The inherent strength imparted by the polygon shapes 12 allows the entire structure to be made of relatively thin stock material which reduces both the amount of material required in the overall weight of the trough structure. Light weight material such as aluminum may be used in the construction of the trough. Thus, a lightweight strong structure may be achieved which facilitates handling and repairing when necessary.
While better focussing of the solar radiation on the member 16 is achieved by making the curvature of each shape surface 21 a segment of an overall parabolic shape, the individual surfaces 21 need not be truly parabolic to provide generally adequate focussing upon the member 16. The faces 21 may be concave circular cylindric sections having a radius of curvature which permits approximate focussing of the solar energy on the receiver member 16.
Also, while the shapes 12 are shown as generally triangular polygons in the preferred embodiment, other shapes may be used. In fact, as illustrated in the alternate embodiment of FIG. 5, a pleated or corrugated structural member 28 may be used in place of the plurality of polygons 11 in the first illustrated embodiment. The member 28 may be welded to both the flanges 13 and 14 curved to a general parabolic shape. A reflective member 29 is attached along the raised portions 30 to form the continuous reflective surface in the manner of the embodiment of FIGS. 1-4. The remainder of the structure may be substantially identical to that previously discussed in regard to FIGS. 1-4. The reflective surface of the member 26 may be of polished aluminum, relective coating of painted steel, or aluminum covered with an acrylic film having an aluminized surface such as acrylic film FEK 163 manufactured by Minnesota Mining & Manufacturing Company, St. Paul, Minnesota.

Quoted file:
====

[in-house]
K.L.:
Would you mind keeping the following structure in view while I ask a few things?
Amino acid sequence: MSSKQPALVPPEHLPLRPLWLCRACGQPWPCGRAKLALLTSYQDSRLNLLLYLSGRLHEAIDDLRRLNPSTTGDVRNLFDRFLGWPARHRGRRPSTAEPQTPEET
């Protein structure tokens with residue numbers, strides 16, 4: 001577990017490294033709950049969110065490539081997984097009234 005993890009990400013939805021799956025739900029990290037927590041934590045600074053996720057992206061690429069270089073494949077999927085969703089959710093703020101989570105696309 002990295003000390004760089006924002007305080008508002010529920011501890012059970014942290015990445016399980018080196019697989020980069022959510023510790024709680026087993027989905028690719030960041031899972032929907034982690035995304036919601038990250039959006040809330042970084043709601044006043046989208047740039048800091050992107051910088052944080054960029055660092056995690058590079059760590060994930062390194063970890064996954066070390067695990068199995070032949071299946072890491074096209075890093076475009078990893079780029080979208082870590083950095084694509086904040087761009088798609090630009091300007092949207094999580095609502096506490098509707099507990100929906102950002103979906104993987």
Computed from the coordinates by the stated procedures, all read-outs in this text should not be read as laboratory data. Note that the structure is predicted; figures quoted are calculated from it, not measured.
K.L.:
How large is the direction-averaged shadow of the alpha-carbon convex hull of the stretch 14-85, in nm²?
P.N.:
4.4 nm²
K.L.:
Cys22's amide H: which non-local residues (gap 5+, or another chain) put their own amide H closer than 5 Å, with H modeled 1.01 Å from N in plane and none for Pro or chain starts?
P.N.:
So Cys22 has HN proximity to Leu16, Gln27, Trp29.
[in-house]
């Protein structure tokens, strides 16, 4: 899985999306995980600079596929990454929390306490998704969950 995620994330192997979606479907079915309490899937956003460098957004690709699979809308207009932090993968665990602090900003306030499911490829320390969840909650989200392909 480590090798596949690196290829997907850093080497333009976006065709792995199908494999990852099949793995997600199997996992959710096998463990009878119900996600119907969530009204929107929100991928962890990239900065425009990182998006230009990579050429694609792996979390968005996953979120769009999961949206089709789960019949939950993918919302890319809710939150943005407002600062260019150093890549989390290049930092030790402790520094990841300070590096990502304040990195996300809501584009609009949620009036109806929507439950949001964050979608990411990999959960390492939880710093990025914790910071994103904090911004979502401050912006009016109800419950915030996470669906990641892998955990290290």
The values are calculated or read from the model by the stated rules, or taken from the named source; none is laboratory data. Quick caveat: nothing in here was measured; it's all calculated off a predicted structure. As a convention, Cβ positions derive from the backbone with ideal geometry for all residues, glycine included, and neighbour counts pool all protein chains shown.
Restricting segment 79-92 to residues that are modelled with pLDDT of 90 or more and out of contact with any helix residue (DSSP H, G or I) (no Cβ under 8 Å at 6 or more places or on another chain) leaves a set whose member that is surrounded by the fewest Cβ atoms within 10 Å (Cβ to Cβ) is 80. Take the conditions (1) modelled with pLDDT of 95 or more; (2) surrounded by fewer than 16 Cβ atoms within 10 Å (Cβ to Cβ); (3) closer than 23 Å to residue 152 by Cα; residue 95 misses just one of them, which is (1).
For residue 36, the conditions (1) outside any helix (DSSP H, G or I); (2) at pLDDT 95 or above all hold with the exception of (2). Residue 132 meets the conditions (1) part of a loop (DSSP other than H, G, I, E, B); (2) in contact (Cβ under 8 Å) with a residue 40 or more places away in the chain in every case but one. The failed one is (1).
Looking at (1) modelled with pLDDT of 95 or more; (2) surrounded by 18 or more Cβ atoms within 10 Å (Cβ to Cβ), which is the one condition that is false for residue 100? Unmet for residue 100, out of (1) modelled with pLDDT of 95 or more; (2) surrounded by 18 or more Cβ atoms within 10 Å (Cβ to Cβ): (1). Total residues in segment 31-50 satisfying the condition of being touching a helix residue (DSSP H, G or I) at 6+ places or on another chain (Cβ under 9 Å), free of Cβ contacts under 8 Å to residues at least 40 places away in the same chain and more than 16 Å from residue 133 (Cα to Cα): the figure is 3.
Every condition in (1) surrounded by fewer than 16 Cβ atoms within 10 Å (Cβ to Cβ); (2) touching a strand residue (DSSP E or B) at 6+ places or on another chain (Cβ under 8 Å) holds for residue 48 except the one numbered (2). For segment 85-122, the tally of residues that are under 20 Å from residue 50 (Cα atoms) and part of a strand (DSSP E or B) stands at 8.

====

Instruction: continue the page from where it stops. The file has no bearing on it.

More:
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|U.S. Classification||126/634, 359/852, 126/696, 126/694, 126/651|
|International Classification||F24J2/14, F24J2/54|
|Cooperative Classification||F24J2/541, Y02E10/45, Y02E10/47, F24J2/14|
|European Classification||F24J2/54B4, F24J2/14|